This article is a reply to an article titled “Azimio deal: it’s possible to grow manufacturing agriculture concurrently” by Governor Ndiritu Muriithi.
Milton Friedman, in response to a question, stated that a sound (read conventional) idea is one in which the theoretical claim finds validity in the real world. Everybody has theories about how the economy works and what the proper role of government ought to be. This governor believes that our statement that the most effective role of government should be in the provision of public goods is mistaken because the claim represents conventional ideas that have not worked in Kenya.
In spite of his confidence in economic theory and practice, he merely shows here lack of clarity of thought. The theory of public goods is not only settled, but is also empirically demonstrable because these are goods that governments are best placed to provide in the most efficient way and form the basis for the existence of government, to begin with.
Governments can opt to provide private goods, but that is merely an extension of the arms of government beyond its essential responsibilities. The Government of Kenya’s biggest weakness is not even that it seeks (as does the Azimio la Umoja One Kenya Coalition Party) to provide other functions, but that it presently provides such low-quality public goods that Kenyans sometimes opt out of it by providing their own security, an essential service. Just a couple of weeks ago, three children in Kerio Valley were murdered by a gang of bandits in broad daylight.
That result confirms government failure in the provision of core public goods. Our expectation is that no less than a governor who is at the head of one presidential campaign team would recognise our simple point. The provision of stimulus cash to households is less meaningful and a representation of a reversal of priorities when they have money circulated from taxes into their pockets, but their children are getting shot outside their gates. Focus mister!
The governor also suggested that new thinking requires the government to ensure that, besides treatment, Kenyans are able to find employment, thus his justification for direct government involvement industrialisation.
Reading this leaves us unsure whether the author was serious about these being both “unconventional and innovative ideas”. Economics has a branch that studies the deliberate choices of government to promote specific industries and sectors. Ideas such as export promotion and import substitution are studies of industrial policy and are known to every student of economics, except for Mr Muriithi. Among the main findings of this branch of study is that governments are poor at predicting industrial success.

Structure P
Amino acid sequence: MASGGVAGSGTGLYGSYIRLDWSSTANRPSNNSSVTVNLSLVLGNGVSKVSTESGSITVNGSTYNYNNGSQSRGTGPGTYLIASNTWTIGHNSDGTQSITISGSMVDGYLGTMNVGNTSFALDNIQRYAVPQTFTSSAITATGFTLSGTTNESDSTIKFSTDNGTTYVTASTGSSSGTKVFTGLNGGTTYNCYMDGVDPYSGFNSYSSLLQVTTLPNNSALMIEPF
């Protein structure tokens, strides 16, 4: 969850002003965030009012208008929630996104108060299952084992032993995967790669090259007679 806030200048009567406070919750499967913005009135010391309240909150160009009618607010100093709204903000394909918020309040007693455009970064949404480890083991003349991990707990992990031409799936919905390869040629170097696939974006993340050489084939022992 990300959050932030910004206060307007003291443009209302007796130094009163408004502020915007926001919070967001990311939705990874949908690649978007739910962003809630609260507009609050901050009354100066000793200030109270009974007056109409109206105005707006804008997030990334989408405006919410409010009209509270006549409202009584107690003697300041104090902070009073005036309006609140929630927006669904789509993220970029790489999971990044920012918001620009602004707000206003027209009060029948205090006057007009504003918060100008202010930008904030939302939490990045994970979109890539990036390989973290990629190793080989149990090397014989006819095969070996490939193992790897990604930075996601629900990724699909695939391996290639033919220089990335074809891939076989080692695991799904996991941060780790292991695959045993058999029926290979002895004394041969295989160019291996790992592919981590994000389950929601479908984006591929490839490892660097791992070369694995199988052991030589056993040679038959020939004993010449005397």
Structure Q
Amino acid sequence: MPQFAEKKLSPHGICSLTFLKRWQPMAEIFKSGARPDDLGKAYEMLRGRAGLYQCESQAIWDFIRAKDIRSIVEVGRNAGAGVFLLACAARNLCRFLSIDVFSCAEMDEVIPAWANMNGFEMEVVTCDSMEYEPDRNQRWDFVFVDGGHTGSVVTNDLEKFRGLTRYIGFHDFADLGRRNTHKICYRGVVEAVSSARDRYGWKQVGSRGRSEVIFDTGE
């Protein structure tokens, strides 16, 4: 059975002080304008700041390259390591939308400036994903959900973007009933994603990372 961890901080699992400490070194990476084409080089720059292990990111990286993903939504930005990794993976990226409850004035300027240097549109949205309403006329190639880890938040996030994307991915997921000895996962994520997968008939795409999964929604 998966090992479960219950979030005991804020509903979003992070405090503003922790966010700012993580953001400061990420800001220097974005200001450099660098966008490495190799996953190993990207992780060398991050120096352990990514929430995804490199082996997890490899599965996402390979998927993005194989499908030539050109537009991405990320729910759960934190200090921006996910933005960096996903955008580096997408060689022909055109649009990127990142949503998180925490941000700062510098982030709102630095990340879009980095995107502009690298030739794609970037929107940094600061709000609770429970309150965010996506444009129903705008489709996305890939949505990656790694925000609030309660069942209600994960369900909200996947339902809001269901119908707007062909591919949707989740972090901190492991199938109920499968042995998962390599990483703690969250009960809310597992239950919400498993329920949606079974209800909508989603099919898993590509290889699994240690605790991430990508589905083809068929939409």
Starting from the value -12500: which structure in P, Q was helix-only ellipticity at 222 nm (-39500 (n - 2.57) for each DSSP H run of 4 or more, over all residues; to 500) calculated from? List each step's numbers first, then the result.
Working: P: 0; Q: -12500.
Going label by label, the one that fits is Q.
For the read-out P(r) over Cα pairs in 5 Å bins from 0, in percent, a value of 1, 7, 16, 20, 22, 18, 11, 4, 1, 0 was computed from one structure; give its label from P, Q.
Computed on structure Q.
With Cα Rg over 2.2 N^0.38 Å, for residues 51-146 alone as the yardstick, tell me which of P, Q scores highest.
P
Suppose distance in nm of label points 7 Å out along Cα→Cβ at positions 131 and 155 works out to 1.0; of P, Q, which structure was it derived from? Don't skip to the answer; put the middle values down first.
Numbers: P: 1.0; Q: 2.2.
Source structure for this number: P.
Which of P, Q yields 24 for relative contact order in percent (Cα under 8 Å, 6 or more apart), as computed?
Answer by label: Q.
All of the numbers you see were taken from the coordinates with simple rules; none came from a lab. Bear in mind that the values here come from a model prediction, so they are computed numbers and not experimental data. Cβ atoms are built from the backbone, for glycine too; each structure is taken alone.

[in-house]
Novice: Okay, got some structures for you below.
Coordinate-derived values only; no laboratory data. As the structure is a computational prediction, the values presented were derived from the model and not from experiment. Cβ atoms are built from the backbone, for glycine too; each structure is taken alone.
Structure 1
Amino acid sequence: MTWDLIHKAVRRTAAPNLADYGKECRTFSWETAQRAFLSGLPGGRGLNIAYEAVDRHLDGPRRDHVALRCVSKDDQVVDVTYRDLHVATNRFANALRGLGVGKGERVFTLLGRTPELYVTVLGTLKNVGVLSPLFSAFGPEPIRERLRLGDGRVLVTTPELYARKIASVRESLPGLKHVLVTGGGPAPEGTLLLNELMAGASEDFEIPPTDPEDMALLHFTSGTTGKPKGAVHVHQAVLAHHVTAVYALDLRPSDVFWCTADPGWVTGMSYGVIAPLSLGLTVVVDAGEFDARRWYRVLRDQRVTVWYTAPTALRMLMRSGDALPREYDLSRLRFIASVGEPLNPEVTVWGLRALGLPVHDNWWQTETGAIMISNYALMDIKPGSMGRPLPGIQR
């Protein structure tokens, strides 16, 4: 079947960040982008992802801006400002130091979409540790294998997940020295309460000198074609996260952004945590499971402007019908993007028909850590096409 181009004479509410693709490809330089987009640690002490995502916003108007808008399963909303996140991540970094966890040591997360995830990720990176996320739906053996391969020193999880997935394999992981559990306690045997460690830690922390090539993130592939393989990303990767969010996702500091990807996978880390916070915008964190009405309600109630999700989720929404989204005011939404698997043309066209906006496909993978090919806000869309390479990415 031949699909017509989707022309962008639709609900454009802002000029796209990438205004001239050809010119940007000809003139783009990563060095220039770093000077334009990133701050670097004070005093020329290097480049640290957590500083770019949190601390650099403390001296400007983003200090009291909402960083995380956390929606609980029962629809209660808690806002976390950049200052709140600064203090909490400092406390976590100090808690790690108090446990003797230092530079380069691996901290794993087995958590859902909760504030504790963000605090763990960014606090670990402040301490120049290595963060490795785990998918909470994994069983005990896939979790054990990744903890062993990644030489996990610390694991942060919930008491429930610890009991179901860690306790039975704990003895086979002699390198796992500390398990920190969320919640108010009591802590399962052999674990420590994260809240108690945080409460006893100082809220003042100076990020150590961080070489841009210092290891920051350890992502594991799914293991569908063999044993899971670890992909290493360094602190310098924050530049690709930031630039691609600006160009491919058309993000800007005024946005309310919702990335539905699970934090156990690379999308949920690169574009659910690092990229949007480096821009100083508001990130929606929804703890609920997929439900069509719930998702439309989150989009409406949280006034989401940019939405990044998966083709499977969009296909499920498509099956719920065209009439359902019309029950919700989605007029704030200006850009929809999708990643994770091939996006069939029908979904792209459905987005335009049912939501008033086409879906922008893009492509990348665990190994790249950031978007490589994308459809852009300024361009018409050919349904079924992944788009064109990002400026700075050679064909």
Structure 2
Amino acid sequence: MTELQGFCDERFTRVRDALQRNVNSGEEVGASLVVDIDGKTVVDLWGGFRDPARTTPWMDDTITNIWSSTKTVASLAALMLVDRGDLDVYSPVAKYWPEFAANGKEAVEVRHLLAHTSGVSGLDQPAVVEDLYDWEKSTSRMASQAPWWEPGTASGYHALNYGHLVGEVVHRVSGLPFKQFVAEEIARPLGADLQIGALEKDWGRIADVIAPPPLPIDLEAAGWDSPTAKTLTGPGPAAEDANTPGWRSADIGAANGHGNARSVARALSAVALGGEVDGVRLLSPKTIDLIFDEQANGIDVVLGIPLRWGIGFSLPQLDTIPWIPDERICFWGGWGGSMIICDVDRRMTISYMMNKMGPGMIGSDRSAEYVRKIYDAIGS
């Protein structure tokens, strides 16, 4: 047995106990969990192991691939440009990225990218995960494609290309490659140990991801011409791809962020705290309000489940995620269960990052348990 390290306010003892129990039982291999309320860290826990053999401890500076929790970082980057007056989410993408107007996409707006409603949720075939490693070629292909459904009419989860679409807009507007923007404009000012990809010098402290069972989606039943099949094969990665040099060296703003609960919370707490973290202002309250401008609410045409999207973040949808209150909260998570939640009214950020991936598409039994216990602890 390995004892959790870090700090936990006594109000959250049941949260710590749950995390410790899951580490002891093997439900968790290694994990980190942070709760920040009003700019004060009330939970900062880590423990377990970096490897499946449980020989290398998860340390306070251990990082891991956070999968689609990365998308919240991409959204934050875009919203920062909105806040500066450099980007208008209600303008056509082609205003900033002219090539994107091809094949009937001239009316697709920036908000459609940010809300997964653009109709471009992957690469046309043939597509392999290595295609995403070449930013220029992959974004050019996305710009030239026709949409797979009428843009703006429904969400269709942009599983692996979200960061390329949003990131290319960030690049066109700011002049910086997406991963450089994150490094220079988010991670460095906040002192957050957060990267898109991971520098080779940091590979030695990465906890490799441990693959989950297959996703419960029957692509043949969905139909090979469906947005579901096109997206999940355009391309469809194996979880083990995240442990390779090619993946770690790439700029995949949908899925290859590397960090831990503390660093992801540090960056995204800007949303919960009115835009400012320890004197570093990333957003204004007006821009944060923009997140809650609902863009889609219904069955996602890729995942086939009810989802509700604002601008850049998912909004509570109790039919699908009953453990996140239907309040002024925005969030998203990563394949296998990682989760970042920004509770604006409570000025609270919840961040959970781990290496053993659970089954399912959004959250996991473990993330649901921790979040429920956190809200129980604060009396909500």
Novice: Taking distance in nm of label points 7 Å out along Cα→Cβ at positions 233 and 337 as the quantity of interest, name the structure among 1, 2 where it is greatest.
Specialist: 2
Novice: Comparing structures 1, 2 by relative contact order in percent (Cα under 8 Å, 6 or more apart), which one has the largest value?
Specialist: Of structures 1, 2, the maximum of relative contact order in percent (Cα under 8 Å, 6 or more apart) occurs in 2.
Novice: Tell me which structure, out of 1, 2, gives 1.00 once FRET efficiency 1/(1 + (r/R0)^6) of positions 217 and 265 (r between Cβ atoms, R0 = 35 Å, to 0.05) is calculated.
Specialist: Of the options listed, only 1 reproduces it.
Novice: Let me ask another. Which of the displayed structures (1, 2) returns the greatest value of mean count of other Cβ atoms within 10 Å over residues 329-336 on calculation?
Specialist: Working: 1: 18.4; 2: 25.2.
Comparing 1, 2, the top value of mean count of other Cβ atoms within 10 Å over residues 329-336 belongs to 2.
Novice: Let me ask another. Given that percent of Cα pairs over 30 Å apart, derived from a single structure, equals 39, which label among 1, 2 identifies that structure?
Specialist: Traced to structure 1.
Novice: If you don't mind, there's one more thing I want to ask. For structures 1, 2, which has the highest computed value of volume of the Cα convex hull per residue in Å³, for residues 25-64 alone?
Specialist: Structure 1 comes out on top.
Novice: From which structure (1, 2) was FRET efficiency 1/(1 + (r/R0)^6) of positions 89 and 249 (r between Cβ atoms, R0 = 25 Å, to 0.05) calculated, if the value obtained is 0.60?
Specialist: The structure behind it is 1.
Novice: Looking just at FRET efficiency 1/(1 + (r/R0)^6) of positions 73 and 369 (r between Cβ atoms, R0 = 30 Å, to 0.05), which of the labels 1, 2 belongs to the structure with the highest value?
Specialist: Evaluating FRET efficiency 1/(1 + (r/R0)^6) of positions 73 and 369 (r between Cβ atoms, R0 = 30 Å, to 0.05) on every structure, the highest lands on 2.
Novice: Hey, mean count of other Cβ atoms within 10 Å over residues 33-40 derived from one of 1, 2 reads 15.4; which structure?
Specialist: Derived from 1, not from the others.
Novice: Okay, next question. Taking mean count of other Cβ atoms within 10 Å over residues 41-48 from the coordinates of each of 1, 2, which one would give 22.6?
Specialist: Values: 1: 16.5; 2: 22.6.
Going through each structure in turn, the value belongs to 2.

So, while Azimio, or Mr Muriithi, perhaps both, plan to create steel and machinery manufacturing plants, history suggests that they will not be successful. These industries will merely become centres for corporate welfare and provide an expressway to crony capitalism. Kenya has been here before and history is replete with industries that were intended to be a stairway to highly industrialised status. Only people who are insufficiently acquainted with Kenya’s economic history would eloquently argue for a repeat of this expensive disaster.
Now to conventional classroom economics. The scarcity of resources is the basis upon which economics is pertinent in public affairs. Prioritisation is a key skill that every administration in Kenya must demonstrate. It seems that Governor Muriithi thinks that having to prioritise is a luxury that Kenya, with a serious debt overhang, cannot afford. Isn’t it interesting that his wish list of chosen champions to be fed with public money, including steel, aluminium, tools, machinery and household cleaning products, are highly capital-intensive industries? Good luck finding all that money.
A central claim that we made was that, in the quest to expand manufacturing from 7.5 per cent to 30 per cent of the Gross Domestic Product (GDP) within five years, Azimio was not just aiming too high but perhaps unaware of how structural transformation works. Mr Muriithi appears either to have misunderstood the claim or to have constructed a strawman and wrestled eloquently with it. We restate our claim. It is true that growing the manufacturing sector is imperative for Kenya’s growth and employment opportunities.